The Canadian Federal Court of Appeal has recently indicated its
interest in revisiting patentability of methods of medical
treatment in future in a case where the issue is squarely
raised. The issue has again arisen due to controversy in case
law about when dosage forms and dosage regimens are eligible
subject matter for patenting. In some cases, courts have considered
them to be unpatentable methods of medical treatment. In the
clearest case for patentability, a specific new dosage form, such
as a tablet having specific mg dose can be patented if the dose is
new and inventive. However, if the patent claims arguably go more
toward a broad dosage range, or how a drug is to be used (eg.
different time points of administration), then this may arguably be
considered an unpatentable method of medical treatment. Certain
Federal Court cases have held patent claims that could prevent
physicians from exercising their skill and judgment in using a drug
are not patentable subject matter because they cover methods of
This Appeal Court flagged the method of medical treatment issue
in its May 4, 2015 decision in Cobalt Pharmaceuticals Company v. Bayer Inc.
(2015 FCA 116). The Court stated, "The current law in
this Court is that methods of medical treatment are not
patentable... The provenance of this is Tennessee Eastman Co. et
al. v. Commissioner of Patents,  S.C.R. 111, 33 D.L.R. (3d)
459, a decision based on former subsection 41(1) of the Patent Act,
now repealed. In his blog, "Sufficient Description,"
Professor Norman Siebrasse has forcefully advanced arguments of
policy and logic against the current position. In my view, this
calls for full consideration by this Court or the Supreme Court in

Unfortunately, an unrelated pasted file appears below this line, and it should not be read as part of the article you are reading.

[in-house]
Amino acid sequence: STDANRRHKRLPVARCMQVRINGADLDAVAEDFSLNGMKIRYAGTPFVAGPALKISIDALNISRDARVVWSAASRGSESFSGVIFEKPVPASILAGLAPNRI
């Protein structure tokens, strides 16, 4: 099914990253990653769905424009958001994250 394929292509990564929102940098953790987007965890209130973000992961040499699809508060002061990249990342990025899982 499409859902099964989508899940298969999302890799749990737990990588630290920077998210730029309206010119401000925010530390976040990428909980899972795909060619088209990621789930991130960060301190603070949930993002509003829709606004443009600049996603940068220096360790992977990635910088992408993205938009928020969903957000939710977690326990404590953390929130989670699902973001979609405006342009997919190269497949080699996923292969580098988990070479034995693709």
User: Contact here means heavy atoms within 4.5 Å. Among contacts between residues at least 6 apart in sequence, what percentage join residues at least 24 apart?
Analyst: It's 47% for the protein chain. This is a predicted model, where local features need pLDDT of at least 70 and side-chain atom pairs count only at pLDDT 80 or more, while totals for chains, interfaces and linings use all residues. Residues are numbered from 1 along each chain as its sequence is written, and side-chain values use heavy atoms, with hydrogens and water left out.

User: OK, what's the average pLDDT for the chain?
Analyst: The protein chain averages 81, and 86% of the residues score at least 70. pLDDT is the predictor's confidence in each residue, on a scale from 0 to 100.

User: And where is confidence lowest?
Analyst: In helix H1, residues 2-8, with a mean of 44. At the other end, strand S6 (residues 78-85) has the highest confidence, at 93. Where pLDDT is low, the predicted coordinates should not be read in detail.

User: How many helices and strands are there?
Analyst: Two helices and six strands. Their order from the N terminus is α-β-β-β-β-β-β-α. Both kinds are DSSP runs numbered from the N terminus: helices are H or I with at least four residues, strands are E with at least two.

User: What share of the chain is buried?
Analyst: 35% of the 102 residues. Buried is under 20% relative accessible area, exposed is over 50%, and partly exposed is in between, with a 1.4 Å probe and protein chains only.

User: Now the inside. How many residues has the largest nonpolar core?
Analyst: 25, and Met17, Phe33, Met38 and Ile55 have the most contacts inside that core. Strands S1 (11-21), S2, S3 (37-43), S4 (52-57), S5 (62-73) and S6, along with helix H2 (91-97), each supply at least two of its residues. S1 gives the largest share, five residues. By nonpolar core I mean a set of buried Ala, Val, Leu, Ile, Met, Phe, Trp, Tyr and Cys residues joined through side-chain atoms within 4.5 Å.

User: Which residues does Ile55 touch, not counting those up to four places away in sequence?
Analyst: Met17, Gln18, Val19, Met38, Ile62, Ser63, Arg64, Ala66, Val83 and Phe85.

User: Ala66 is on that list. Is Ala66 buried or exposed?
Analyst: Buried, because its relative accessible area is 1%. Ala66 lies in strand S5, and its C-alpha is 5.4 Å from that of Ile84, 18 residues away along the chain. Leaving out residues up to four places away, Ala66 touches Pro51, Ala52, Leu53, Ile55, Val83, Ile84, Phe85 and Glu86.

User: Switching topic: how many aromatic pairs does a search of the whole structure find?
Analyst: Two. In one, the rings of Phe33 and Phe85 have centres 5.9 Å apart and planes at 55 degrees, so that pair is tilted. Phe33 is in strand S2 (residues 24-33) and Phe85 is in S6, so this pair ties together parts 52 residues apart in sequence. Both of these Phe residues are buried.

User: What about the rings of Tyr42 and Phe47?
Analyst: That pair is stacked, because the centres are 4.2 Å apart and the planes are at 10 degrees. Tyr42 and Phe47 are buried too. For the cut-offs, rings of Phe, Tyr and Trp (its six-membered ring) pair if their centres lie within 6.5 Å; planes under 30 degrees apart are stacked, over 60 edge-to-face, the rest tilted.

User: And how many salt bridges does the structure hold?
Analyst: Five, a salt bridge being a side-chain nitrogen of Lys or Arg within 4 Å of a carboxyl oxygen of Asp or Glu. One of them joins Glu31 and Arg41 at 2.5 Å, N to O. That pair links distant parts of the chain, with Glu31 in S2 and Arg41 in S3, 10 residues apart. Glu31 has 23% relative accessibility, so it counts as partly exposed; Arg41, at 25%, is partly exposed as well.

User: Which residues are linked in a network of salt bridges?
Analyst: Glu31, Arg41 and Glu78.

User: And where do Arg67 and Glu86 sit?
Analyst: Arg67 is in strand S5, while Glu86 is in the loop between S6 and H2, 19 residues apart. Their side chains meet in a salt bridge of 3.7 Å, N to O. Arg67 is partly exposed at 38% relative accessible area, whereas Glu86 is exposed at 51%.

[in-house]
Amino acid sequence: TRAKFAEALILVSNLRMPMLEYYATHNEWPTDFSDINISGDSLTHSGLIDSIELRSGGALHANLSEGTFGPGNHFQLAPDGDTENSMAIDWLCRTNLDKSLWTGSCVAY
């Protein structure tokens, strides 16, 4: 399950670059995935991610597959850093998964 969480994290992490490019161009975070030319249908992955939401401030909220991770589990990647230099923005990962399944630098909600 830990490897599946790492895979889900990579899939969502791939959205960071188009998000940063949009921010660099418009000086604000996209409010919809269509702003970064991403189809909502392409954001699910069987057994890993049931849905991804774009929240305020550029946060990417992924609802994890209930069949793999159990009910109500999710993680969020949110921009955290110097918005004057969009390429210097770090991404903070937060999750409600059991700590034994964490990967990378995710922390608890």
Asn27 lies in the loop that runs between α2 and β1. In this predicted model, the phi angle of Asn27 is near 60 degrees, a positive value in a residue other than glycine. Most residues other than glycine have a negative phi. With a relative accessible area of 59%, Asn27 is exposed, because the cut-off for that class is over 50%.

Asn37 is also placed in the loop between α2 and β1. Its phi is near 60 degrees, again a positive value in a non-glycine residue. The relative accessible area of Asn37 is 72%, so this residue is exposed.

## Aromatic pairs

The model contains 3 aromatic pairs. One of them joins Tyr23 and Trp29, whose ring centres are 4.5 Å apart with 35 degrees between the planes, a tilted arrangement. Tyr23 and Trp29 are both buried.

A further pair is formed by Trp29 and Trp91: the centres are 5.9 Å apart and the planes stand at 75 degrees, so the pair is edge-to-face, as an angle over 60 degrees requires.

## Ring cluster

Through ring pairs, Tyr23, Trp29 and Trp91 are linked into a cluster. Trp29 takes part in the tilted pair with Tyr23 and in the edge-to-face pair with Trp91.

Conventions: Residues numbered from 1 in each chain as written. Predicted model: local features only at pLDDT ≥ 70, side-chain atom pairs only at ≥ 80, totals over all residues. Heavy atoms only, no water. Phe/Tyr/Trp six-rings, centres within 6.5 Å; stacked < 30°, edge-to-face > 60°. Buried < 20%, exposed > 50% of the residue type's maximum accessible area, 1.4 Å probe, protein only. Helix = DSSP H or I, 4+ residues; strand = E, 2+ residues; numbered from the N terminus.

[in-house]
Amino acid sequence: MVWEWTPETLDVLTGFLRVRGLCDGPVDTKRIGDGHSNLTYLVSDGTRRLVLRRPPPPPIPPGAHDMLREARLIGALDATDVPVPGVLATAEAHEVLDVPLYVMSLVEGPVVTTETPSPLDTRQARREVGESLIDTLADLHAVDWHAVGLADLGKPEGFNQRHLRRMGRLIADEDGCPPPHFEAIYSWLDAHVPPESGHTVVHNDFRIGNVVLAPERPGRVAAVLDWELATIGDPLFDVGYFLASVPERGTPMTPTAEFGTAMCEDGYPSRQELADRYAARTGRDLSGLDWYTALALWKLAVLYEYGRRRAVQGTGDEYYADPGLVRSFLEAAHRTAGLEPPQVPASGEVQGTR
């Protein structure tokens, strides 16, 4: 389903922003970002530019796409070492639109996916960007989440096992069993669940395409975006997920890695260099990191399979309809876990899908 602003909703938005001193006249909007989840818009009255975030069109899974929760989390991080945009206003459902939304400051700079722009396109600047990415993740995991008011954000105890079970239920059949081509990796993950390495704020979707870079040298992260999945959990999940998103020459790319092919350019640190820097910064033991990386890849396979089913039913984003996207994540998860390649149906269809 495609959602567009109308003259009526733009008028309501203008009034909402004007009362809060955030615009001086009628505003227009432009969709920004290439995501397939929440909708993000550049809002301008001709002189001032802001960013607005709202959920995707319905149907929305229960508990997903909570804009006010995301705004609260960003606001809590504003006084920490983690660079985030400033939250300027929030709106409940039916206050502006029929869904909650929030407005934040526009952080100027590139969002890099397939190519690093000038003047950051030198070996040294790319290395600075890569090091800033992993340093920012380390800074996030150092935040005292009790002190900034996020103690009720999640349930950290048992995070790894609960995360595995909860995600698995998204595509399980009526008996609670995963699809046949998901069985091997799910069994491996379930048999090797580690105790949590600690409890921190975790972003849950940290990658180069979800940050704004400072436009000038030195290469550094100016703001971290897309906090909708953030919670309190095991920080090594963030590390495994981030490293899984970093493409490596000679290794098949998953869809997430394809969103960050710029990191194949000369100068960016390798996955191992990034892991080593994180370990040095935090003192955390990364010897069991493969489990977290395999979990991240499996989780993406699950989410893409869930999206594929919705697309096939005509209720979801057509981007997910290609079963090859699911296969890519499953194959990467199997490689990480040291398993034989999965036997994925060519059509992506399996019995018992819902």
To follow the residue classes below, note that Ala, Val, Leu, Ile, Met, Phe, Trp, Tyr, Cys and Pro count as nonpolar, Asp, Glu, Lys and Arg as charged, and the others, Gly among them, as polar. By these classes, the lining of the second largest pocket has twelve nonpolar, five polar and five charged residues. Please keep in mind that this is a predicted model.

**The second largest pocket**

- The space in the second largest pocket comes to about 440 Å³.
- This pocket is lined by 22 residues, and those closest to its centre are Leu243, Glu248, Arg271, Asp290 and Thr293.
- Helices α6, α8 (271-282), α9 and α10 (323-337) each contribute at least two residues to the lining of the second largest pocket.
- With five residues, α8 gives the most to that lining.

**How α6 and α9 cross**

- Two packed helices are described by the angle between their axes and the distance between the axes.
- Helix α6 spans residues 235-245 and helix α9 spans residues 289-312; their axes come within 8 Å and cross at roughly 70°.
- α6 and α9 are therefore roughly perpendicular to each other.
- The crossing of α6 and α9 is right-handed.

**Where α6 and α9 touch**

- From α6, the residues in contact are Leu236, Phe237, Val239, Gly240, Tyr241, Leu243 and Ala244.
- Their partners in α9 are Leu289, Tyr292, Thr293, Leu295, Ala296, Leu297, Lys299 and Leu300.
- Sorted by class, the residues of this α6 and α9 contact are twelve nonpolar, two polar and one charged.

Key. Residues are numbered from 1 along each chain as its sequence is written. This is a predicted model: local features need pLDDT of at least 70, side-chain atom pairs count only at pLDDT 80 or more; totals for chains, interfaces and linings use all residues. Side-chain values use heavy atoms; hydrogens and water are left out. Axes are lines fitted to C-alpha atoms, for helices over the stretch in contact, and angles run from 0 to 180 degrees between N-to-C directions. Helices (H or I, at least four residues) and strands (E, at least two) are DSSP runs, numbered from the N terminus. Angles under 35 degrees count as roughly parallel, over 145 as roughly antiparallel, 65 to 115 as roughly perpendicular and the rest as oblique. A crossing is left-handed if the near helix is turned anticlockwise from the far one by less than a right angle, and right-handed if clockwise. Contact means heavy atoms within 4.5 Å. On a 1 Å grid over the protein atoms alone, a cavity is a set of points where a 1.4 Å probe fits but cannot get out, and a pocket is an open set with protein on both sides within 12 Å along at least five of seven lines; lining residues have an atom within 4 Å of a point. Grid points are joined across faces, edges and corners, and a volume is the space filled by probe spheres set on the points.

a case where the issue is squarely raised on the facts."
Separate from this case, the Canadian Intellectual Property
Office has recently given patent applicants some revised guidance
via its March 2015 practice notice for examination of medical use patent
claims. The notice takes a less strict approach to the
patentability of medical use claims relating to a dosage regimen as
discussed in our firm's
article by Patricia Folkins. CIPO had previously taken the
position in an earlier notice that unpatentable subject matter
generally included claims relying on essential elements that were
dosing schedules of any type, that specified where the treatment
was to be used or that were for a specific patient population.
Since Courts, CIPO and patent applicants are having difficulty
finding common ground on what is patentable in this area of
practice, we agree with the Federal Court of Appeal that detailed
guidance is needed from an appeal court in the near
The content of this article is intended to provide a general
guide to the subject matter. Specialist advice should be sought
about your specific circumstances.
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A recent Saskatchewan Court of Queen's Bench decision allowed a court-appointed receiver to sell and transfer intellectual property rights free and clear of encumbrances, finding that a license to use improvements of an invention was a contractual interest and not a property interest.
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